Clemson University Feature Stories

The Clemson debate team — comprised entirely of novice debaters — won the National Education Debate Association's national tournament in March.

Brand new Clemson debate team goes from novice debaters to national champions in one year

By Crystal Boyles
Creative Services

As a group of 15 Clemson students found out, debate is more than just making your point and proving that you’re right. Debate is academic. It’s research-based. And it’s hard, rewarding work.

Debate team members prepare for the next debate round.In its first year, Clemson’s debate team won the National Education Debate Association’s (NEDA) national tournament. Quite a feat for a group of students who in August didn’t know what debate was.

At its simplest form, debate is making a point from a perspective you believe to be true. But a debate team doesn’t really get to choose a side. They must research and debate for — and against — a given subject.

“You have to defend the other side whether you believe in it or not. The world is not black and white, there’s plenty of gray,” said Jenny Tumas, a junior double major in communications studies and political science. “In our careers we’re not always going to agree with others, but if you can see the merit in someone’s opinion — understand that gray area — that’s when you become an effective communicator.”

Communications Studies faculty member and team coach Lindsey Dixon agrees.

“Essentially these students think critically for a hobby,” she said. And they work hard at it.

At least six hours a week are spent in meetings and practice sessions, and that doesn’t include the hours students spend researching topics and reading and studying each other’s research. And that’s on top of their regular classes.

“My students just worked so hard. I have been involved with debate for the past five years and I can say without a doubt that these students are some of the most dedicated, passionate and talented I have ever come across,” said Dixon, who herself exudes passion for debate and critical thinking.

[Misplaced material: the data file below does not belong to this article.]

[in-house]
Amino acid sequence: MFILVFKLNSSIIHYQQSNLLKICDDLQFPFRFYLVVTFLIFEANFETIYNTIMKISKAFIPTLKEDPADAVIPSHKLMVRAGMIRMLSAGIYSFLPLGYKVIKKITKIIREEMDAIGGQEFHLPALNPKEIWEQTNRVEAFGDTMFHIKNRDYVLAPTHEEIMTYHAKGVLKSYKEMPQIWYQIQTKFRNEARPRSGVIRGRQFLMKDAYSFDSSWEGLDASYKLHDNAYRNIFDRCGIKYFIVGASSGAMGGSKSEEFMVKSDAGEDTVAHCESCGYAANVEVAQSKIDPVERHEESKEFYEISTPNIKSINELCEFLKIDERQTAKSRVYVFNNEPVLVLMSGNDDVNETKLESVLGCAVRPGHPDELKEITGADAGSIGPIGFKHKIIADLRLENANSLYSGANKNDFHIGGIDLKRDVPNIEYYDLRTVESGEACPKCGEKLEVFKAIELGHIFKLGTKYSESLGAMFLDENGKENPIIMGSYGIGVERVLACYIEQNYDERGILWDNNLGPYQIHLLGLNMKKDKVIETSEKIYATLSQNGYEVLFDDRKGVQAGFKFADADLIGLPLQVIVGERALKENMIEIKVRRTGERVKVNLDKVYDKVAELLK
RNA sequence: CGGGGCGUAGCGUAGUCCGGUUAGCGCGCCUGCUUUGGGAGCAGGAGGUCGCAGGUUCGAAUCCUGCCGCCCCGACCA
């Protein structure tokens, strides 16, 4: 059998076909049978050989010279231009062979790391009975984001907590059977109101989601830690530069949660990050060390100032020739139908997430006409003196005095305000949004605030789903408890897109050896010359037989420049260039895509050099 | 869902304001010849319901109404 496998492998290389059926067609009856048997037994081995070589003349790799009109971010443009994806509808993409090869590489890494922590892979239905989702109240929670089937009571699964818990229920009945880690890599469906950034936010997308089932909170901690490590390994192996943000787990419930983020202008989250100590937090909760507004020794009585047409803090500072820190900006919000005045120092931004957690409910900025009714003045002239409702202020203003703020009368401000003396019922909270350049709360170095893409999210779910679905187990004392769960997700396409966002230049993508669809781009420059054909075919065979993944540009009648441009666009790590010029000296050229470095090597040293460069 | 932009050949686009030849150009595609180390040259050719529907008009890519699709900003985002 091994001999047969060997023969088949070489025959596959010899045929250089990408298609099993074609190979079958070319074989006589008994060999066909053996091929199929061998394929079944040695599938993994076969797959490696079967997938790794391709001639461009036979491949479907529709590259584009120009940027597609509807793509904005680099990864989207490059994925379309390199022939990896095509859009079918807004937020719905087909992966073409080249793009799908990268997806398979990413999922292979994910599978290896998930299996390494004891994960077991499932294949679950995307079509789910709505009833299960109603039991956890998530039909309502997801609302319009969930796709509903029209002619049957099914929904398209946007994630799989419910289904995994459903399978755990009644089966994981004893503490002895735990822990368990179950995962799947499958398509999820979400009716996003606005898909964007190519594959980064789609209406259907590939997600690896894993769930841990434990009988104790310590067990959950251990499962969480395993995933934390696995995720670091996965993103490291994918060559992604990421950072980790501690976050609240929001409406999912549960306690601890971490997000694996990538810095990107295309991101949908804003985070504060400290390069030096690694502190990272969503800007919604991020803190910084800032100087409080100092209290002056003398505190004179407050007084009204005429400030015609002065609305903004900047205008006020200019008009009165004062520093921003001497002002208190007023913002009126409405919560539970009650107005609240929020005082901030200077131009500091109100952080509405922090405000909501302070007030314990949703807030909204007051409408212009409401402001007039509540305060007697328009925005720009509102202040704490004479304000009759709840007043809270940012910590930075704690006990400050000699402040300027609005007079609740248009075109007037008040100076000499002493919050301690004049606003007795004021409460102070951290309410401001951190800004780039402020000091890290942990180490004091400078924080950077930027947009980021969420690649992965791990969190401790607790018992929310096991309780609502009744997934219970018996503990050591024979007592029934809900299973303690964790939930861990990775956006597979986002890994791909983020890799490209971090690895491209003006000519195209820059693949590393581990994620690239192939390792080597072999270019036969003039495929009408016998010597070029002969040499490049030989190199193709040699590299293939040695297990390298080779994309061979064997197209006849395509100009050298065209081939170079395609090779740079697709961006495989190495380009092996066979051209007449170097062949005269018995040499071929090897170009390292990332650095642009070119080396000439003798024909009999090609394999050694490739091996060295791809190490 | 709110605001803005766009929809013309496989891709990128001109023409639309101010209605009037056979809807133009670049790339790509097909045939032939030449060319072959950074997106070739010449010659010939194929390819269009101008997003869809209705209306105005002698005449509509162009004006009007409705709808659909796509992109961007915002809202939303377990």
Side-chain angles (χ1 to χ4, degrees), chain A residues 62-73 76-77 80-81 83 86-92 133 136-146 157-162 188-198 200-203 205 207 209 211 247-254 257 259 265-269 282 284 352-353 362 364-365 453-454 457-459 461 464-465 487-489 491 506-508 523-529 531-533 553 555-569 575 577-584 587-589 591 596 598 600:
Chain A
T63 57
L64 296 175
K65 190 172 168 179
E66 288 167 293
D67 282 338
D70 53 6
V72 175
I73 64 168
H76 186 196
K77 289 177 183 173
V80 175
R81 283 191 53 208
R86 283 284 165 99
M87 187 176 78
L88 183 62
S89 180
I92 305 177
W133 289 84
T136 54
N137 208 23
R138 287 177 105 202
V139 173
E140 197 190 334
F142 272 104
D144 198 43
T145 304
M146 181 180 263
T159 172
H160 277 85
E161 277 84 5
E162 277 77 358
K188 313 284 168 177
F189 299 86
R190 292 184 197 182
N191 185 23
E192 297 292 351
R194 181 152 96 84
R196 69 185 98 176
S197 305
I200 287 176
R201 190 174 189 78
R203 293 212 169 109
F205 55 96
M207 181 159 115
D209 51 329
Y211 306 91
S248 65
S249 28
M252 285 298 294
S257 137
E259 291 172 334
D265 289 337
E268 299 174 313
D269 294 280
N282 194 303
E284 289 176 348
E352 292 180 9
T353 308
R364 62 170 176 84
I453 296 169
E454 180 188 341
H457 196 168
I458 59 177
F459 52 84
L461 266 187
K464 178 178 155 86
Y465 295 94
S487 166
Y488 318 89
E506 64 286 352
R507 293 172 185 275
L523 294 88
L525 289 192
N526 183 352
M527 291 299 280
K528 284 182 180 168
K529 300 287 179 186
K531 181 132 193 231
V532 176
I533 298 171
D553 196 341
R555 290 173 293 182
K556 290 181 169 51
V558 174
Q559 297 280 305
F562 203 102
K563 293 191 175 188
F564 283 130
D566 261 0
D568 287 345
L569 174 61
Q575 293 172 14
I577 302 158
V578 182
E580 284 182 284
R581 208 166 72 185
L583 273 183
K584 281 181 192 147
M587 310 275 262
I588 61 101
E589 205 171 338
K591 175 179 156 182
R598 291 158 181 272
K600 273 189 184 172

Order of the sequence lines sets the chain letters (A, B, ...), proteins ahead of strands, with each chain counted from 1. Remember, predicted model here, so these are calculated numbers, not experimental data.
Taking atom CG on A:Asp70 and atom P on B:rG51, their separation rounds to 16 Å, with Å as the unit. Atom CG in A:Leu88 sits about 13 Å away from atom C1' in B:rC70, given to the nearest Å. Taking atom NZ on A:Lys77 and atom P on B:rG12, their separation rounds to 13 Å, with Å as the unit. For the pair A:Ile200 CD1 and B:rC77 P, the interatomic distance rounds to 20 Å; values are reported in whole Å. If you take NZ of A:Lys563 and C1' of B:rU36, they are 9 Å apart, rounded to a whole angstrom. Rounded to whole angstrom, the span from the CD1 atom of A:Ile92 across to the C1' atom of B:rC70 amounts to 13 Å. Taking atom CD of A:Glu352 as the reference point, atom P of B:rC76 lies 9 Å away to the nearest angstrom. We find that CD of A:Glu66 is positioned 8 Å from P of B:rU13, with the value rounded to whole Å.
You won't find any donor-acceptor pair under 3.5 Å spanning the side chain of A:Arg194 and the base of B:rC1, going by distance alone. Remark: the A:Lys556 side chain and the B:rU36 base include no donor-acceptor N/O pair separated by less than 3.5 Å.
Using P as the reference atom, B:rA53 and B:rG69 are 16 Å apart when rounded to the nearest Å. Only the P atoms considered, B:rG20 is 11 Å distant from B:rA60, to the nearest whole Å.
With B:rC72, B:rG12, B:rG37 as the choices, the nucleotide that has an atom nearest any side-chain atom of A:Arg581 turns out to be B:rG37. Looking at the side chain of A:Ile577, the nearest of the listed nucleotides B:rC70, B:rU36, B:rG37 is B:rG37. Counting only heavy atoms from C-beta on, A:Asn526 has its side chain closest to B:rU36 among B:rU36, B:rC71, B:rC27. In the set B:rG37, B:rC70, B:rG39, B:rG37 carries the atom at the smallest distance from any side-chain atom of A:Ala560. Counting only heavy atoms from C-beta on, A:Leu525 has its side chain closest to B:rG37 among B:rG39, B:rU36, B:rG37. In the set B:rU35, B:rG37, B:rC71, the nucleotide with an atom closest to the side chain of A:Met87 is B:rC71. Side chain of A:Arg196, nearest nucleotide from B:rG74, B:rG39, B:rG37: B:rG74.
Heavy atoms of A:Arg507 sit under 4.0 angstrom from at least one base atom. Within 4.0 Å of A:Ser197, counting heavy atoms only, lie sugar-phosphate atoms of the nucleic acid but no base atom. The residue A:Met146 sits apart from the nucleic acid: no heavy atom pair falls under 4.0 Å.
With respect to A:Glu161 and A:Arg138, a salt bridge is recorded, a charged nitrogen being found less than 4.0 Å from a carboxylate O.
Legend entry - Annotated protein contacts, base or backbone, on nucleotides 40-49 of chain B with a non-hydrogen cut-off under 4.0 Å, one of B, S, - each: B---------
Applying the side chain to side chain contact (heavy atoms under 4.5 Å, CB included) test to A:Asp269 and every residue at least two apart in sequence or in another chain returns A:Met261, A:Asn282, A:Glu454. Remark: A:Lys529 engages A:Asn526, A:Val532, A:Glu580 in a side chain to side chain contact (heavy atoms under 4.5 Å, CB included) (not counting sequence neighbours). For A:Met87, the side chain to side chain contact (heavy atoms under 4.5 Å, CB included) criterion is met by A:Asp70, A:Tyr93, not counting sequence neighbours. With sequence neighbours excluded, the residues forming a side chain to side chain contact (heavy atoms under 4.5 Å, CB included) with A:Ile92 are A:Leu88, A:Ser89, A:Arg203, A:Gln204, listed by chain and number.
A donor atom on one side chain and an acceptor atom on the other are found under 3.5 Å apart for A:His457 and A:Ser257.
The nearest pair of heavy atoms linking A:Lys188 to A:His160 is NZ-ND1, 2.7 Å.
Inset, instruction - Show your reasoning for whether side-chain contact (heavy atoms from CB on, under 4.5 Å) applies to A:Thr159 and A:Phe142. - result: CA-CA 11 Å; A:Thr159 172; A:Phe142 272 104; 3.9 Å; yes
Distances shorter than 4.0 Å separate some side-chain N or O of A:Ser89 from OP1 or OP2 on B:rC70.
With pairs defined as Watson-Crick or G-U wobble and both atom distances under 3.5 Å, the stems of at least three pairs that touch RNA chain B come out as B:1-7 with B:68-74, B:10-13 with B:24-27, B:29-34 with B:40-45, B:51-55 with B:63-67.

While this is the first time this team has competed, debate isn’t new to Clemson. In fact it’s the oldest intercollegiate activity at the University, although changes in the last decade meant the team had a much different purpose.

“Debate really creates a much more engaged student. We research diverse topics for weeks at a time, and in the end that creates a much more engaged, knowledgeable citizen. And that’s really what we want,” Dixon said.

Team members credit Dixon for inspiring them and keeping their focus on their Clemson team first, their team partners second and themselves third.

“I tend to be pretty argumentative, but my debate partner, Cameron Eagles, really showed me that you don’t have to be pushy to be an effective debater,” Tumas said. “He’s a laid back partner and approaches debate more as a conversation.”

In a couple of years these team members will take these skills into their careers, but since the majority of this group are freshmen, they still have time to craft their debate and research skills. Since they’ve already won the national tournament, expectations for their success are high.

“It’s my understanding that throughout NEDA history, a single debate program has never constituted a new team, hosted the national tournament and won that tournament in the same year until now,” said Karyn Ogata Jones, chairwoman of the communication studies department. “These accomplishments speak volumes to the leadership and talents of our program director (Dixon) and the quality and dedication of students we have here at Clemson University.”


If you’re interested in joining the debate team, contact Lindsey Dixon at ldixon2@lclemson.edu or at 219-895-0841.


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